Academic Divisions

Marine Affairs & Policy

About MAF

The Division of Marine Affairs and Policy undertakes basic and applied research and training activities that contribute to policy development and management of marine resources. The Marine Affairs and Policy (MAF) academic program offers a broad curriculum that links core areas of Marine Affairs (natural resource economics, political ecology and marine anthropology, underwater archaeology, ocean and coastal law and policy) with the marine sciences.

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MAF also offers academic tracks in aquaculture management and underwater marine cultural resources.

Marine Affairs and Policy students tailor their course selections to match their individual career objectives. MAF offers the Master of Science (MS) and the Master of Professional Science (MPS). The MS degree requires completion of 24 course credits and 6 thesis credits. The Master degree programs are for those wishing to pursue careers in marine policy and management. The M.S. can also lead into Ph.D. specialization in marine policy, environmental law, maritime business, economics, anthropology, or environmental education or a Ph.D. in pure sciences. The MPS degree requires completion of 24 course credits and 3 internship credits.

The University of Miami School of Law and the Rosenstiel School of Marine and Atmospheric Science offer a Joint degree program in law and marine affairs and policy. Upon completion of this program, a student earns a Juris Doctor degree from the School of Law and the Master of Professional Science degree in Marine Affairs and Policy from Rosenstiel. A student may complete requirements of both degrees within three and one-half years in an intensive program of six semesters and two full summers. This program is geared toward students who want a career in the field of law with a specialization in marine and environmental issues.

Applicants to the master’s program must possess a B.S. or B.A. in any relevant academic field. All applicants are required to take the Graduate Record Examination (GRE). Those whose first language is not English must pass the Test of English as a Foreign Language (TOEFL) with a score of at least 550.


Little Salt Spring: The Rosenstiel School’s Division of Marine Affairs manages an underwater archeological and ecological preserve at Little Salt Spring, in North Port, a site located in southern Sarasota County, Florida about 10 miles (16 km) from the Gulf of Mexico.

Donated to the University in 1982, the spring is surrounded by undisturbed native hydric hammock containing several rare and endangered plant and animal species.

During early prehistoric times (12,000–7,000 years ago) the sinkhole was an oasis in the peninsula that attracted seasonal hunters and gatherers. The site has produced the second-oldest dated artifact ever found in the southeast United States — a sharpened wooden stake some 12,000 years old. Little Salt Spring contains some of the oldest cultural remains in the United States.

The unique anoxic water that fills most of the sinkhole (below 5 meters/16 feet depth) has preserved a great range of organic materials including wood, textile fragments, hair, skin and brain tissue dating back to the Late Paleoindian and Early Archaic stages of Florida’s prehistory, ca. 9,500 – 7,000 radiocarbon years ago. Archaeological remains exist both in the spring basin and the “27 meters/90 feet ledge”, a natural cavern at that depth below the spring surface.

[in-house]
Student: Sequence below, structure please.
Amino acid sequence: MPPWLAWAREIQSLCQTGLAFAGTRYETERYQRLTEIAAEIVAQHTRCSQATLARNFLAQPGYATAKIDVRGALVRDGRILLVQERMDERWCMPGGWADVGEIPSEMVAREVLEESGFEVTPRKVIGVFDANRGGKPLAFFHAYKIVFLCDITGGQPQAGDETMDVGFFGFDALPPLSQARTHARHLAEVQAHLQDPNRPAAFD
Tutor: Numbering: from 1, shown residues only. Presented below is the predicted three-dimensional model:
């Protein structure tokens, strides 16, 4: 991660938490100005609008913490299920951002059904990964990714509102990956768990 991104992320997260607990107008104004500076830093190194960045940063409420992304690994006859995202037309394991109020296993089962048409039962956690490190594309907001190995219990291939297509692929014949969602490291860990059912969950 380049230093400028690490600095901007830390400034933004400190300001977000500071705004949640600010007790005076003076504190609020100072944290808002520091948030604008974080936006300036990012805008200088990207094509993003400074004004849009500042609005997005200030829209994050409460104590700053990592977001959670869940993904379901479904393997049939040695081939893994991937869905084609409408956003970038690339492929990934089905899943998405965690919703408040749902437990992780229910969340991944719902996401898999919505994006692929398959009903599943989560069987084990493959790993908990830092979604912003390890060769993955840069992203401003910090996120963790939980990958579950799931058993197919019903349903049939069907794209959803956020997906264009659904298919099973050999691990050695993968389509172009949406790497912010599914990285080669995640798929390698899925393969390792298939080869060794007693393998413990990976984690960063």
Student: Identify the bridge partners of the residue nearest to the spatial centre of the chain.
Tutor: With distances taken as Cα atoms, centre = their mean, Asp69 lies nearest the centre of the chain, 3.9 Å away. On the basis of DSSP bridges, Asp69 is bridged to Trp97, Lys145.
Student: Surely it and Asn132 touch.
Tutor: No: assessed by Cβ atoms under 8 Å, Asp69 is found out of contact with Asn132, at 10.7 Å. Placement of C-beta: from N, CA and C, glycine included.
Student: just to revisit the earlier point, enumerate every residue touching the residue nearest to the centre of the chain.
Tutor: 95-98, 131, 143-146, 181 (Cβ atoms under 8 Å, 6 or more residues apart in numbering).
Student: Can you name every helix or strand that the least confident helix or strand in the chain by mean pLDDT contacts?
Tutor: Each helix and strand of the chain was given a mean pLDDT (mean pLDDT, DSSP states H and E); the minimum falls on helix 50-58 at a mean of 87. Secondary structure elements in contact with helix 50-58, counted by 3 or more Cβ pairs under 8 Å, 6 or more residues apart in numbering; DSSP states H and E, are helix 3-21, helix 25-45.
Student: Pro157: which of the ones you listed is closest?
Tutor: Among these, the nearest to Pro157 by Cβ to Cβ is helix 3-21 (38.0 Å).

Aquaculture Program: The Aquaculture Program at the University of Miami Rosenstiel School is leading the way for research and development in the emerging fields of hatchery technology and offshore aquaculture. The program is responding to the need of scientific and technological improvement in aquaculture with concerns for the environment protection. Our program is a pioneer in raising cobia (Rachycentron canadum). Hatchery technology and demonstration projects of offshore aquaculture of cobia are led in Puerto Rico and the Bahamas. Our tanks house only native, non-genetically modified species raised without the use of antibiotics. Scientists at the Rosenstiel School have developed innovative techniques for increasing feeding efficiency by optimizing management practices, working with feed companies to develop environmentally friendly aqua feeds to minimize or eliminate reliance on fish meal.

Program Areas

Aquaculture science, technology, management and environmental issues Integrated Coastal Zone Management Marine resource economics Political and Environmental Ecology Underwater Marine Cultural Resources

Environmental, Coastal and Ocean Law Fisheries and aquaculture management Ocean Policy and Development Marine Geographic Information Systems

Funding Opportunities

A number of fellowships and assistantships are available to MAF students. Please contact .(JavaScript must be enabled to view this email address) for more information.

Degrees Offered

M.S. and M.P.S. degrees. The master’s degrees are for students who wish to pursue careers in marine policy and management. The University of Miami School of Law and the Rosenstiel School offer a joint degree program in law and marine affairs and policy (J.D. and M.P.S. degrees awarded). A B.A./M.P.S. program enables qualified students from the undergraduate marine affairs program to earn a B.A and an M.P.S. in MAF in 5 years.


Marine Affairs and Policy

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